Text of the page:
A lot of people get depressed on tour. I know, I’ve been there. Being deprived of your normal network of relationships and habits is a great emotional challenge and that no one thinks about. While I was battering Dave Swallow with questions about how he deals with the shitty parts of being a sound engineer, the most important (and understated) thing he said to me was: “You can get stuck up your own ass, but as a sound engineer your job is to make it sound as good as you can. What are you going to do? Moan about it or get on with the job. I don’t see any point in getting stressed about it. It is what it is. These things happen and it’s part and parcel of being on the road. Things will go wrong. If you stress about them, you’re not really doing yourself any favors or anyone around you any favors, so just chill.”
That didn’t really sink in until the second time I listened to his interview, but it’s so important. I often get upset about the conditions of the job and the state of the industry, but getting upset doesn’t help anyone, and it’s a killer if you want to keep doing this. Anyone can get a job as sound engineer, I promise you. Getting your foot in the door is the easy part. Sticking around is the hard part.
I really like this thought: “I’d do anything, just as long as I met people.” Swallow’s first tour was six months of unpaid work. Are you crazy?! Yes and no. Networking is the most important thing in our industry. Swallow repeats several times in our interview how important it was that he “got on” with his colleagues, both crew and artists. Swallow got that first tour after working at a music venue for six years because a local band liked him. I got my first touring gig with the band O’QueStrada because they liked me (and the fact that I would let them do crazy things with microphones like distance group miking in a tiny venue).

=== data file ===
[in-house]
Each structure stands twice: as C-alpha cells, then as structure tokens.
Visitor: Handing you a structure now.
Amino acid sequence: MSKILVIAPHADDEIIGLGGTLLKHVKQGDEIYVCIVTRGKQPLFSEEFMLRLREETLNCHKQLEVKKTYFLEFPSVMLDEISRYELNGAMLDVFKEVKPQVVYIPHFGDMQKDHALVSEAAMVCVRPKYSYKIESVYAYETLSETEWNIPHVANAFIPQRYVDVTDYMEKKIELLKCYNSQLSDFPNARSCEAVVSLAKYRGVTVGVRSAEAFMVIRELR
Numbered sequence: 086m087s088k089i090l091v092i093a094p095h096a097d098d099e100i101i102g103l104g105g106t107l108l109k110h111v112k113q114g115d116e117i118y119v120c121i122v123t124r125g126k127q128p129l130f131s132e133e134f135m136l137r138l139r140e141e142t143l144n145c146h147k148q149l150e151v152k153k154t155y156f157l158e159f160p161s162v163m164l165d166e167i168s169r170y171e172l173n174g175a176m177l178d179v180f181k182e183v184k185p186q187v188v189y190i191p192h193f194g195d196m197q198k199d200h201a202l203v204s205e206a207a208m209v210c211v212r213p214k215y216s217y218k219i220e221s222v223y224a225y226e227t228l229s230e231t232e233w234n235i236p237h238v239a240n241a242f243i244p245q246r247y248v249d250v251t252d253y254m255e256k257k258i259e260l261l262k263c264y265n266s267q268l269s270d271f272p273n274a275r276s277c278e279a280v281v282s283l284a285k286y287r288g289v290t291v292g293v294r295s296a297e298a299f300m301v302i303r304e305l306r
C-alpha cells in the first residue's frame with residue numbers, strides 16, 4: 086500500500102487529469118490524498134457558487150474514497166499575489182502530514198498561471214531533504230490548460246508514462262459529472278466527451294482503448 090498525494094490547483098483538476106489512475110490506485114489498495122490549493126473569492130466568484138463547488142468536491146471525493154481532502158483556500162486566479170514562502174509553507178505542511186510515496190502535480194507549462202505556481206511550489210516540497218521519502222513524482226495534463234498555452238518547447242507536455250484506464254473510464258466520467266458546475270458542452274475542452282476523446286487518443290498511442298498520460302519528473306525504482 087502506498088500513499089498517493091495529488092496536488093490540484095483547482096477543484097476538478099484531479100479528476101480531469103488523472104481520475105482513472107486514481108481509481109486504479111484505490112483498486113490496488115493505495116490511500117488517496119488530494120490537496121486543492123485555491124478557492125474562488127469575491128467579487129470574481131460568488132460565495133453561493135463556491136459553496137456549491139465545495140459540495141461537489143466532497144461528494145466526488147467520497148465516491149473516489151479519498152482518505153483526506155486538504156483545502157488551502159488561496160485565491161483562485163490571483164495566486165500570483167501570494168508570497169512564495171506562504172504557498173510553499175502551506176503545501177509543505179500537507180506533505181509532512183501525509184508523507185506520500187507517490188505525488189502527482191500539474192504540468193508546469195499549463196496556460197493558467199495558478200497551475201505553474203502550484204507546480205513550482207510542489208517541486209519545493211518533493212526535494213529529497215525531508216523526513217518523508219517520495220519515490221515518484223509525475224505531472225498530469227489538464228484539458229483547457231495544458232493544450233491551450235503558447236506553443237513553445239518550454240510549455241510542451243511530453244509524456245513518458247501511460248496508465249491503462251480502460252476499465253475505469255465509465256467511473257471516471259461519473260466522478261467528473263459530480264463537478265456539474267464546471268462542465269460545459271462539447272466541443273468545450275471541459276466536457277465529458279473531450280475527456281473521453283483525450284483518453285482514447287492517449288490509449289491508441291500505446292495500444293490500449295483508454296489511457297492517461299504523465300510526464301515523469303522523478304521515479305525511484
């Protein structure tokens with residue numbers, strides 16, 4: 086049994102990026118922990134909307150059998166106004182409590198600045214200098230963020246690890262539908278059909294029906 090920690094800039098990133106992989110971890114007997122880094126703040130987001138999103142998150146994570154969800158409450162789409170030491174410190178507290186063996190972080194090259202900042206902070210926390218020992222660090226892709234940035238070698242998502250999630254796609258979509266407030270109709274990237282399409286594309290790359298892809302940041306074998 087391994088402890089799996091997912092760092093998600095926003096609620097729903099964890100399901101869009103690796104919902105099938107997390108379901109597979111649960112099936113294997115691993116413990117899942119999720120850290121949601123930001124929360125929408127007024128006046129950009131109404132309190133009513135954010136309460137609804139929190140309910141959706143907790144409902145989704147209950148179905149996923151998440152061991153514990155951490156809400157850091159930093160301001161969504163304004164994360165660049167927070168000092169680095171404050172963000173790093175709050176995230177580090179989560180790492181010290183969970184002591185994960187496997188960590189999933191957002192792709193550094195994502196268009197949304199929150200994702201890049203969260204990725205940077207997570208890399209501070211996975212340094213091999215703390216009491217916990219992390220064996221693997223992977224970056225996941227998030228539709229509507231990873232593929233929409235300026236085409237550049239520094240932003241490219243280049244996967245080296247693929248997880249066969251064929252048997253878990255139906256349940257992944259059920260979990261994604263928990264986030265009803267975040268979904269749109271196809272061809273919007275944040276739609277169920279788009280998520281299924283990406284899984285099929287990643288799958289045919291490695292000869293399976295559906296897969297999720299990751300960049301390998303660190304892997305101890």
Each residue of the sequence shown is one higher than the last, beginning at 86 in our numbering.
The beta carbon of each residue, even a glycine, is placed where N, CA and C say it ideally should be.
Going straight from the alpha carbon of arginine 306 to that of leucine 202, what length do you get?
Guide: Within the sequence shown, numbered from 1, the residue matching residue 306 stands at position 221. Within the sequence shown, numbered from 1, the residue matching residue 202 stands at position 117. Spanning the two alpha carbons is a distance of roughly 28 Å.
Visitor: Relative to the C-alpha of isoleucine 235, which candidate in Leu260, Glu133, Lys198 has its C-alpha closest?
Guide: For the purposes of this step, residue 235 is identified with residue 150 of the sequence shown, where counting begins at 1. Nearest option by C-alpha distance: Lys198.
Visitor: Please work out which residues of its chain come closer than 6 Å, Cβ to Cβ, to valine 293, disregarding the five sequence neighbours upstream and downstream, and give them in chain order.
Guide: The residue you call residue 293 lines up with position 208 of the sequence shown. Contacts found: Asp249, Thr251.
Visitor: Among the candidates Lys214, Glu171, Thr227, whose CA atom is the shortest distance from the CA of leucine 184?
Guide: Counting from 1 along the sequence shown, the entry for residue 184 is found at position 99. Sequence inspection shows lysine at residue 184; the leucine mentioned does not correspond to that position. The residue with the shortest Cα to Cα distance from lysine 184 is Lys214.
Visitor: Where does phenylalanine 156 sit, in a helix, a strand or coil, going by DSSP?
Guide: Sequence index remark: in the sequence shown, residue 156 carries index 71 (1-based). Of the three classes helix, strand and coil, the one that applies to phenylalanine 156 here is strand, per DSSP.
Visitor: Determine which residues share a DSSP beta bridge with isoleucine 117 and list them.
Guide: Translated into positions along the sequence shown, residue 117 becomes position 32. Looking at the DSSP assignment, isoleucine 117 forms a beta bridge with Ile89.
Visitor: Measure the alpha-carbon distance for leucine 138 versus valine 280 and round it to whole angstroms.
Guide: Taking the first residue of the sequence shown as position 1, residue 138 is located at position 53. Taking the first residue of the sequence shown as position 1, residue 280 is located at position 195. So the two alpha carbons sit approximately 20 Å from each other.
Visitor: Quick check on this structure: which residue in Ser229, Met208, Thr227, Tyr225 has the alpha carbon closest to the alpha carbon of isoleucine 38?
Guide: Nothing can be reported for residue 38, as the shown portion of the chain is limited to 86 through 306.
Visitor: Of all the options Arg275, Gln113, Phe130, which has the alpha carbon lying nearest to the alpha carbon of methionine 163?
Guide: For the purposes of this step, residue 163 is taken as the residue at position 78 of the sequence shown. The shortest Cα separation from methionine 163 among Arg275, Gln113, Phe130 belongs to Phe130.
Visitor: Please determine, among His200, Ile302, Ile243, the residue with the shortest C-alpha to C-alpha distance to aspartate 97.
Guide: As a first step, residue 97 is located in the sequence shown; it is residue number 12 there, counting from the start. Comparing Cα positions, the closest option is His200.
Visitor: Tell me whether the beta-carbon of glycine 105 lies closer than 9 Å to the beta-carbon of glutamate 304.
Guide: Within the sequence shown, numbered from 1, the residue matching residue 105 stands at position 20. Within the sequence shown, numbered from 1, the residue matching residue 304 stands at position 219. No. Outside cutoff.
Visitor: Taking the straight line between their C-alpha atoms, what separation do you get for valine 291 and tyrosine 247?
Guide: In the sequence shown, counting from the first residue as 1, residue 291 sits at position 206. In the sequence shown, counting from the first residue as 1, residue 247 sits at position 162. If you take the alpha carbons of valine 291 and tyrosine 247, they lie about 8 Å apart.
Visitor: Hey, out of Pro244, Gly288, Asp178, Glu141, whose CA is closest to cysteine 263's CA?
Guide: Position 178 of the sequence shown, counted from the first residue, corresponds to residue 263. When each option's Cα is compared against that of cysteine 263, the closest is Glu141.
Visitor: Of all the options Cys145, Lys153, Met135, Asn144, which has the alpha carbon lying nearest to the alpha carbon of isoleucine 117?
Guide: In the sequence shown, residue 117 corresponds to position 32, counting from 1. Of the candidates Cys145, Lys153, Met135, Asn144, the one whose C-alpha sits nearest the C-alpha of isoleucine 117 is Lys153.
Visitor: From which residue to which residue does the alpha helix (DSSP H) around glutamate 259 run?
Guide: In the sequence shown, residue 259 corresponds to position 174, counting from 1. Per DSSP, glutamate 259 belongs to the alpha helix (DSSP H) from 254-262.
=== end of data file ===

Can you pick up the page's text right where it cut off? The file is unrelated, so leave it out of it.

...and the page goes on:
The “I’ll do anything” mentality does not just mean painting floors and making coffee, it’s also staying open to opportunities in live audio. In concert sound there are a lot more sound engineers at work than just the FOH engineer. The stage monitor engineer, the microphone tech, the stage hands, the system tech, the audio production manager, and the live recording engineer are all equal contributors to high production quality, and each position has its own set of challenges and benefits. For example, the stage monitor engineer has a far more personal relationship with the artists during the show than the FOH mixer. Once I had the opportunity to mix monitors for John McLaughlin and his band. Imagine how cool it was that everyone on stage, including McLaughlin, had to learn my name!
Every time I go to see my favorite band, Sigur Rós, I go up to the FOH engineer after the show and ask him how he got his job. He always says the same thing: “Oh, they just knew about me from other work I had done.” In college I used to read every TapeOp Magazine from cover to cover, desperate to deconstruct the sound engineer’s career path. It was always a let down, because there is no step-by-step method. Why? My guess is that the industry just isn’t that developed yet. Think about professions with well-defined career paths and guidelines. They are older and more organized, like the medical and legal industries.
This industry is still very young and, as such, is constantly changing. Just remember that if you want to make a career out of it, you must be professional, responsible, and courteous at all times. -Dave Swallow
Swallow’s career story isn’t complicated. He met someone with connections, asked for help, did well, and one thing led to another. The impressive part is that he stuck with it through all of the shitty parts of the job. Sure, he works with celebrities and great artists, but that shine wears off after about 500 miles of touring. Hear Swallow’s career path starting at 35m40s in the interview below.
Hey you, yeah, you there reading this. What drives you to continue to be a sound engineer? Comment below.
For more on career paths, read the Education chapter of Sound Design Live: Build Your Career As A Sound Engineer.